Animal Migration Amid Shifting Patterns Of Phenology And Predation: Lessons From A Yellowstone Elk Herd, Arthur D. Middleton, Matthew J. Kauffman, Douglas E. Mcwhirter, John G. Cook, Rachel C. Cook, Abigali A. Nelson, Michael D. Jimenez, Robert W. Klaver Jun 2013

Animal Migration Amid Shifting Patterns Of Phenology And Predation: Lessons From A Yellowstone Elk Herd, Arthur D. Middleton, Matthew J. Kauffman, Douglas E. Mcwhirter, John G. Cook, Rachel C. Cook, Abigali A. Nelson, Michael D. Jimenez, Robert W. Klaver

Natural Resource Ecology and Management Publications

Migration is a striking behavioral strategy by which many animals enhance resource acquisition while reducing predation risk. Historically, the demographic benefits of such movements made migration common, but in many taxa the phenomenon is considered globally threatened. Here we describe a long-term decline in the productivity of elk (Cervus elaphus) that migrate through intact wilderness areas to protected summer ranges inside Yellowstone National Park, USA. We attribute this decline to a long-term reduction in the demographic benefits that ungulates typically gain from migration. Among migratory elk, we observed a 21-year, 70% reduction in recruitment and a 4-year, 19% depression in ...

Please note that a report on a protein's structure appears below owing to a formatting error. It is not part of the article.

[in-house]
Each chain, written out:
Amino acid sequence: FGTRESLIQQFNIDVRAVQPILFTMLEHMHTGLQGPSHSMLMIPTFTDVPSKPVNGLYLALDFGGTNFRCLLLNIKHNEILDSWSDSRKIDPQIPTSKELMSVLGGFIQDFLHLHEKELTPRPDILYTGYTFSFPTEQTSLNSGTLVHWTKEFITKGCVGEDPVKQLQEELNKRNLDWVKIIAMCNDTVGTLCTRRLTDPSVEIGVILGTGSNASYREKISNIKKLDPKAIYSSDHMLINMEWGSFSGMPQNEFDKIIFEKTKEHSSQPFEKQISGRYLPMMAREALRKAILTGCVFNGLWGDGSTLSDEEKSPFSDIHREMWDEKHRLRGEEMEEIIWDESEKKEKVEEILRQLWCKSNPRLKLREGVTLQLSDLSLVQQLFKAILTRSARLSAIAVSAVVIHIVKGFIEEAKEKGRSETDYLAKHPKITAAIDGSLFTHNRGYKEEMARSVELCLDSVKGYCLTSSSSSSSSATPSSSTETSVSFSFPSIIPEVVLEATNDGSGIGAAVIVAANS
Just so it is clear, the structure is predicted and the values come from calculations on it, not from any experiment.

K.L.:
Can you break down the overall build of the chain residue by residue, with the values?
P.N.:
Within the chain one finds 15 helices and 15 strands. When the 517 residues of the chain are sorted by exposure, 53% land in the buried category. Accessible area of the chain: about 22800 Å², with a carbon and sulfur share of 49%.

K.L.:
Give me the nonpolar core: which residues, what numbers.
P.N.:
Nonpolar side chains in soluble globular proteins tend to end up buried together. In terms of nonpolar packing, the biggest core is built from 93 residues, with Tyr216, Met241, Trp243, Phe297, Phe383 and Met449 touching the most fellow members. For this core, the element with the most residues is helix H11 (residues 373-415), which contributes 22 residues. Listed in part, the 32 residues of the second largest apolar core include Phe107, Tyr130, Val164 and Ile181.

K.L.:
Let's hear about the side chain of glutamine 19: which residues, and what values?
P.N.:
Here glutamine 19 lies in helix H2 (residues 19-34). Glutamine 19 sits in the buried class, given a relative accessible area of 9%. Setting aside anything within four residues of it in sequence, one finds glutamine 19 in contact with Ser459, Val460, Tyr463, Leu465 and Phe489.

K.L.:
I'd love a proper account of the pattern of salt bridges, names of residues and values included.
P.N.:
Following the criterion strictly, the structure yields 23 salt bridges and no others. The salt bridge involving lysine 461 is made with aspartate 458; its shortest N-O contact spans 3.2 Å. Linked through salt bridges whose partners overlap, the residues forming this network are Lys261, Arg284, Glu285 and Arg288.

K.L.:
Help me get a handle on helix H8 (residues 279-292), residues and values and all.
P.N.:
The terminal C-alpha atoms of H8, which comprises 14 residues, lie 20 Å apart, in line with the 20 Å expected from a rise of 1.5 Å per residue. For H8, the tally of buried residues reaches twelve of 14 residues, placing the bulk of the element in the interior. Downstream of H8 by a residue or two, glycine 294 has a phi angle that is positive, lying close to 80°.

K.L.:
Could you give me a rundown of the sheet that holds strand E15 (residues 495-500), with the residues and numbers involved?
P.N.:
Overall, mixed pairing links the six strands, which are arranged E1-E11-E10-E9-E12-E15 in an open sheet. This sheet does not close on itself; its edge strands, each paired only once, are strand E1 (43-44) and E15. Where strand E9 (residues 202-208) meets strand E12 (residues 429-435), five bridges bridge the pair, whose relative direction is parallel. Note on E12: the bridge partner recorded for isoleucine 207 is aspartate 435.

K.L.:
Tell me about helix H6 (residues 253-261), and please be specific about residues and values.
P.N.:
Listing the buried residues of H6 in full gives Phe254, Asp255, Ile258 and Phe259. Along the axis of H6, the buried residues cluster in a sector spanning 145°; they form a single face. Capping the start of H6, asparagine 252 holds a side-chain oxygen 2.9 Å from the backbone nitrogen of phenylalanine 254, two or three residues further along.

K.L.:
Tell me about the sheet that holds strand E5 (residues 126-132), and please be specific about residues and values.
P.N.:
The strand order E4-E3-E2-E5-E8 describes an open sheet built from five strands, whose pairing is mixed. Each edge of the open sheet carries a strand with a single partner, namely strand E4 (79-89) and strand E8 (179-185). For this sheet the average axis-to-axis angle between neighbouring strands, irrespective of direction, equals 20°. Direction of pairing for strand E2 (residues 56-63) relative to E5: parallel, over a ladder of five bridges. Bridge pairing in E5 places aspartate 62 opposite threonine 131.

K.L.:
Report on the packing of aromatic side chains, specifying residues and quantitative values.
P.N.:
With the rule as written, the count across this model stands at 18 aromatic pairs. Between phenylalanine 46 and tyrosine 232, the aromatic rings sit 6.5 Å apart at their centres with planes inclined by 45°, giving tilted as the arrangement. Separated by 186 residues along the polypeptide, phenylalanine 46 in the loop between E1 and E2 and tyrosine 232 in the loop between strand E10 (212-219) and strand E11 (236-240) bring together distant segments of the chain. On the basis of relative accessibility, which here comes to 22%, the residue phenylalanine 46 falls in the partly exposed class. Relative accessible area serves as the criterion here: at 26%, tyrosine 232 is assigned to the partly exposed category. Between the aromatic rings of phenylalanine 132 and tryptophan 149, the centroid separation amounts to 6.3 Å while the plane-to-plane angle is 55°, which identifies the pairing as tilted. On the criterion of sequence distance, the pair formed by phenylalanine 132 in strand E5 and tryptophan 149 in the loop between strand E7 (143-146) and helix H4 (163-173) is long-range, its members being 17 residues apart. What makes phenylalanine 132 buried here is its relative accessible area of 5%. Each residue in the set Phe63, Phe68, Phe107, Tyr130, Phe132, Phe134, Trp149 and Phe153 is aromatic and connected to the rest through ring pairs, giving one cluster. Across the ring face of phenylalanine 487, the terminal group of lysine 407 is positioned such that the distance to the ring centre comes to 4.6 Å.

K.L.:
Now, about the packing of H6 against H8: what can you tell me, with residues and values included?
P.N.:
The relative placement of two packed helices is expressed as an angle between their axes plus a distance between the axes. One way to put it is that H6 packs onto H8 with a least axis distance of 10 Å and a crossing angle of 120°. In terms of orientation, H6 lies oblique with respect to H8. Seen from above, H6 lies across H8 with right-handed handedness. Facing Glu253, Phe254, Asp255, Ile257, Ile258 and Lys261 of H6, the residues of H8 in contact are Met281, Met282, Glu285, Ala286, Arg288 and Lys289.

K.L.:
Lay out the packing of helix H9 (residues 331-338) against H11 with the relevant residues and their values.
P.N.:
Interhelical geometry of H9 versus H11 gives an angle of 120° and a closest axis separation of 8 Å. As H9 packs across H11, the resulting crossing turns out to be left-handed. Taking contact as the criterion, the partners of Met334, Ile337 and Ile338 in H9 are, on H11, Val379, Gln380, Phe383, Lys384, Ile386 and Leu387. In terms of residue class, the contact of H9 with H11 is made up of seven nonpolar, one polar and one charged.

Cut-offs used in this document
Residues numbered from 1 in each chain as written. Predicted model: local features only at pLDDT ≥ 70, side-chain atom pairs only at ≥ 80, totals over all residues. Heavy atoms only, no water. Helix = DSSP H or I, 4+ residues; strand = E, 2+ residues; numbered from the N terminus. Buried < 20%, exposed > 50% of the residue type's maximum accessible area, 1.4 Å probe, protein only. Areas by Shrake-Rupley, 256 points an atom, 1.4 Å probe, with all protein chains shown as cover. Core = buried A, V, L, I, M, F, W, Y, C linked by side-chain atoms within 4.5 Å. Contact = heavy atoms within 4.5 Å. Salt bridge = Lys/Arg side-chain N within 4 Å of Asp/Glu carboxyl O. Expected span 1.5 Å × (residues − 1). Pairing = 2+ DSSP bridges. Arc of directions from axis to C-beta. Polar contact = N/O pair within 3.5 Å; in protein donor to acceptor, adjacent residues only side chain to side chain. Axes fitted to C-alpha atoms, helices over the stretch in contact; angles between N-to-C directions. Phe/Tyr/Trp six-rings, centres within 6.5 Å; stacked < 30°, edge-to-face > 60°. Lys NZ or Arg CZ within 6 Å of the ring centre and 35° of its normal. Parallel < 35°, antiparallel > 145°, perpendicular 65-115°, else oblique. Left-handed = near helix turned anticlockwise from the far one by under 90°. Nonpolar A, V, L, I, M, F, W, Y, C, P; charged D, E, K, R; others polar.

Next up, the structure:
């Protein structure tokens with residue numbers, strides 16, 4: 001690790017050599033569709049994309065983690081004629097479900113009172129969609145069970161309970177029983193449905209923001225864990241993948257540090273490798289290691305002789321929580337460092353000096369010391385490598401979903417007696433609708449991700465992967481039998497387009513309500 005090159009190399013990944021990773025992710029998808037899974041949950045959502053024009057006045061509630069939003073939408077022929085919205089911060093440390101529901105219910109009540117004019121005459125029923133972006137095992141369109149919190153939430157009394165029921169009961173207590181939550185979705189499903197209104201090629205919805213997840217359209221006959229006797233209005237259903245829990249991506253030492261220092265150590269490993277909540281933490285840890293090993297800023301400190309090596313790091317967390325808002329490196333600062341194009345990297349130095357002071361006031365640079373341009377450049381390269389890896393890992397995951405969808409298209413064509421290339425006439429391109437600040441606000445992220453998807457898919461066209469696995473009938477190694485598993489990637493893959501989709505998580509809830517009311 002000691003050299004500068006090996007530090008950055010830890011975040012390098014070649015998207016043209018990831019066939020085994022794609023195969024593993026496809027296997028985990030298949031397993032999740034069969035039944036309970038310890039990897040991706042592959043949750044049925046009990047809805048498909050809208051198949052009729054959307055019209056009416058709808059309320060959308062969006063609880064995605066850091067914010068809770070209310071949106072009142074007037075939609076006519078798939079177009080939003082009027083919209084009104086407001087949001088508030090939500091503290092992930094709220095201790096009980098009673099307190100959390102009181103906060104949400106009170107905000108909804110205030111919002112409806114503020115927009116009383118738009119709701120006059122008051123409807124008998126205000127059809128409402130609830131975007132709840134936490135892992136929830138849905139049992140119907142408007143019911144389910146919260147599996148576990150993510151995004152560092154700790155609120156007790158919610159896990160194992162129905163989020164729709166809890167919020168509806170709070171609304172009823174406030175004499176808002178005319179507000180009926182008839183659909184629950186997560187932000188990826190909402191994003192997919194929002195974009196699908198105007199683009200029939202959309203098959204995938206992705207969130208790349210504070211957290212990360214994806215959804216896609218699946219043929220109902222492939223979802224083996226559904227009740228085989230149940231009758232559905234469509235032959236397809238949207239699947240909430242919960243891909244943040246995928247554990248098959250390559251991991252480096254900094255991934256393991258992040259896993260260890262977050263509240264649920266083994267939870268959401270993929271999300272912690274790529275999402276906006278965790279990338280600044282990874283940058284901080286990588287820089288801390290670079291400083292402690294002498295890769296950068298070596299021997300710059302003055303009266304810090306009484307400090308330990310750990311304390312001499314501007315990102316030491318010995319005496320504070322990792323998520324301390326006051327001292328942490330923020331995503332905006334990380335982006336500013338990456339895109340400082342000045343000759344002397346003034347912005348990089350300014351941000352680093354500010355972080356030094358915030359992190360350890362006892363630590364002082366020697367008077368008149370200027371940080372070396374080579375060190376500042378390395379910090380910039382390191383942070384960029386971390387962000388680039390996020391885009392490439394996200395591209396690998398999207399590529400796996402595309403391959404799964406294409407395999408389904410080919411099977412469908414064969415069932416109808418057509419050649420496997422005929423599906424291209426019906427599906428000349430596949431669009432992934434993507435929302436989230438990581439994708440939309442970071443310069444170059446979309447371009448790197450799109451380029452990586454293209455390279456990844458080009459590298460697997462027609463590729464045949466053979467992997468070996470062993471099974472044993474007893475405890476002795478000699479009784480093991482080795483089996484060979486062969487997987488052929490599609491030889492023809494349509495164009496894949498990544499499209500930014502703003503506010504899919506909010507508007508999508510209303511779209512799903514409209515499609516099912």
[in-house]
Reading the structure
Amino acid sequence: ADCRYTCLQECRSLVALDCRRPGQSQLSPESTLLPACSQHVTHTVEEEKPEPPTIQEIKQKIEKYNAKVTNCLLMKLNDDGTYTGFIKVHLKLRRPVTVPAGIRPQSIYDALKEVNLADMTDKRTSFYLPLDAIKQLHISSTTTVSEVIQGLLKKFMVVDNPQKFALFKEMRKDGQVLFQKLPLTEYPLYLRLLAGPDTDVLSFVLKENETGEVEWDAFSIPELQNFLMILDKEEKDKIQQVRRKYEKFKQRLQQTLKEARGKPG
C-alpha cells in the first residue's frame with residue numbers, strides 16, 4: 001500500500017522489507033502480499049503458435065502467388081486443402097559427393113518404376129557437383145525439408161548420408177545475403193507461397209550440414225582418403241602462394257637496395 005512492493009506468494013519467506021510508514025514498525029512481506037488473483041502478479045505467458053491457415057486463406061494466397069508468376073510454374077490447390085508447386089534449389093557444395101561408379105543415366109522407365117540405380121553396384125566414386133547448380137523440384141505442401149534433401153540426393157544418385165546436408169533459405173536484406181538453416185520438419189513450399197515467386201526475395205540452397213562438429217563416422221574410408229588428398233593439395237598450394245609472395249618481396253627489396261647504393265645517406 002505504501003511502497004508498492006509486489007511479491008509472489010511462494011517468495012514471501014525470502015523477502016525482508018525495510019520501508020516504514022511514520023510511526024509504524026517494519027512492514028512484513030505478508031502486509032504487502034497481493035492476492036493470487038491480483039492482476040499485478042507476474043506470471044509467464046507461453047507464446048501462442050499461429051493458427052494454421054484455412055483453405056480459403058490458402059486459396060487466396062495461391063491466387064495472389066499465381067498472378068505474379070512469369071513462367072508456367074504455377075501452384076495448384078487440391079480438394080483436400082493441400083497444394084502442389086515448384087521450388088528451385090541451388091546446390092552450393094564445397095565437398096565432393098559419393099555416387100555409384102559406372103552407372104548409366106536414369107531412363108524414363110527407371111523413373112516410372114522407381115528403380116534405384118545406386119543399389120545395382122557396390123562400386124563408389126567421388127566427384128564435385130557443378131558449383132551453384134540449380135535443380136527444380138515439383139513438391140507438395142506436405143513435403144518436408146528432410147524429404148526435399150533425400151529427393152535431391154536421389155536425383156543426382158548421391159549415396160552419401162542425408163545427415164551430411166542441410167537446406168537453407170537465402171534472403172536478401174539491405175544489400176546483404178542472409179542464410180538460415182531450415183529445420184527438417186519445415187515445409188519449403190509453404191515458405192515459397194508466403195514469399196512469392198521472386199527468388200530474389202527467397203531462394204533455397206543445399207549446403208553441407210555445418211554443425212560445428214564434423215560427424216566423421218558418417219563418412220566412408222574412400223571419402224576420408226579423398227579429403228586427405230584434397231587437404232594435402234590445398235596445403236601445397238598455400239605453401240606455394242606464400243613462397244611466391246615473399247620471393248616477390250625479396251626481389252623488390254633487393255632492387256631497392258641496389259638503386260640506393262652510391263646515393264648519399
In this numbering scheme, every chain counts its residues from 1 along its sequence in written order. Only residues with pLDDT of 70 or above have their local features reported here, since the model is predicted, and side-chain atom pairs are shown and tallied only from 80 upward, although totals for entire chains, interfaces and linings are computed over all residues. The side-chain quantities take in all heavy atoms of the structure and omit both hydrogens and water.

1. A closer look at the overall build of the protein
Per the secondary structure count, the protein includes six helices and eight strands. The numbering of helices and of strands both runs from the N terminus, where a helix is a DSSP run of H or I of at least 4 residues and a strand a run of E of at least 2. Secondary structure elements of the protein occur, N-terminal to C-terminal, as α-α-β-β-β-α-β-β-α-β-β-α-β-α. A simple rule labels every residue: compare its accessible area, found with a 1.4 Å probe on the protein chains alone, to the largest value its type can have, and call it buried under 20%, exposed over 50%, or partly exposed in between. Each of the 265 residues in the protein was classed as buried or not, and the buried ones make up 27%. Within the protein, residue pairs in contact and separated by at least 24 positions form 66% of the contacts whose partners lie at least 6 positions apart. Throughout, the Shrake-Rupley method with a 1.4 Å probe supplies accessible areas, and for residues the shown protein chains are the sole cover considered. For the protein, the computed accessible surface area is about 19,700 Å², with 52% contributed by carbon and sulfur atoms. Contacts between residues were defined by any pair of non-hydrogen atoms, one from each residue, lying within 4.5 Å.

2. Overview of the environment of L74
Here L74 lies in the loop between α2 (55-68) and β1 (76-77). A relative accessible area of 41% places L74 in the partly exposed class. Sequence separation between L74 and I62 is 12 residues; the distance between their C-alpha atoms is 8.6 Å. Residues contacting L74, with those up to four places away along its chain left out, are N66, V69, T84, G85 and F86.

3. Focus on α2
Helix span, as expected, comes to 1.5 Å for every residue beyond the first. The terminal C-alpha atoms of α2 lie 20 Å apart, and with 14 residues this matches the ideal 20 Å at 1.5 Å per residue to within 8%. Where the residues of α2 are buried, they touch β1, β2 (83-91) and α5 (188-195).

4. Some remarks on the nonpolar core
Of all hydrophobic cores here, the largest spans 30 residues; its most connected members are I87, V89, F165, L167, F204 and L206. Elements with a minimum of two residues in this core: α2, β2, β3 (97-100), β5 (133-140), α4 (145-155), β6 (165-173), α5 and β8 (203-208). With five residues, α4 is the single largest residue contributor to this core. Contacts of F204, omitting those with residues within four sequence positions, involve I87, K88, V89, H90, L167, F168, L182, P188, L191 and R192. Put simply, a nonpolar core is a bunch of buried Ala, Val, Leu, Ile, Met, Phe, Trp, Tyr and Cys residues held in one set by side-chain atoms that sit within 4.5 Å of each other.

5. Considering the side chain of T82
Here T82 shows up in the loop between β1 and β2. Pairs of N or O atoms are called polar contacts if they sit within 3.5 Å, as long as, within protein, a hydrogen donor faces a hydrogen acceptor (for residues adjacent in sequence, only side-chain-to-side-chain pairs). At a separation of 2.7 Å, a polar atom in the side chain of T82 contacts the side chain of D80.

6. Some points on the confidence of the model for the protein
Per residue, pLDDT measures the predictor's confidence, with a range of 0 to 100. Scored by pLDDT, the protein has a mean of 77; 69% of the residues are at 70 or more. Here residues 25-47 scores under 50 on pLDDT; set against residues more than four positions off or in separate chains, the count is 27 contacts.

Telomere Length, Non-Breeding Habitat And Return Rate In Male American Redstarts, Frederic Angelier, Carol M. Vleck, Rebecca L. Holberton, Peter P. Marra Jan 2013

Telomere Length, Non-Breeding Habitat And Return Rate In Male American Redstarts, Frederic Angelier, Carol M. Vleck, Rebecca L. Holberton, Peter P. Marra

Ecology, Evolution and Organismal Biology Publications

  1. Telomeres are long repetitive noncoding sequences of DNA located at the ends of chromosomes. Recently, the study of telomere dynamics has been increasingly used to investigate ecological questions. However, little is currently known about the relationships that link environmental conditions, telomere dynamics and fitness in wild vertebrates.
  2. Using a small migratory bird (American redstart, Setophaga ruticilla), we investigated how telomere dynamics can be affected by non-breeding habitat quality and to what extent telomere length can predict the return rate of males.
  3. We show that telomeres shorten in most individuals over a 1-year period and, importantly, that telomeres of individuals wintering ...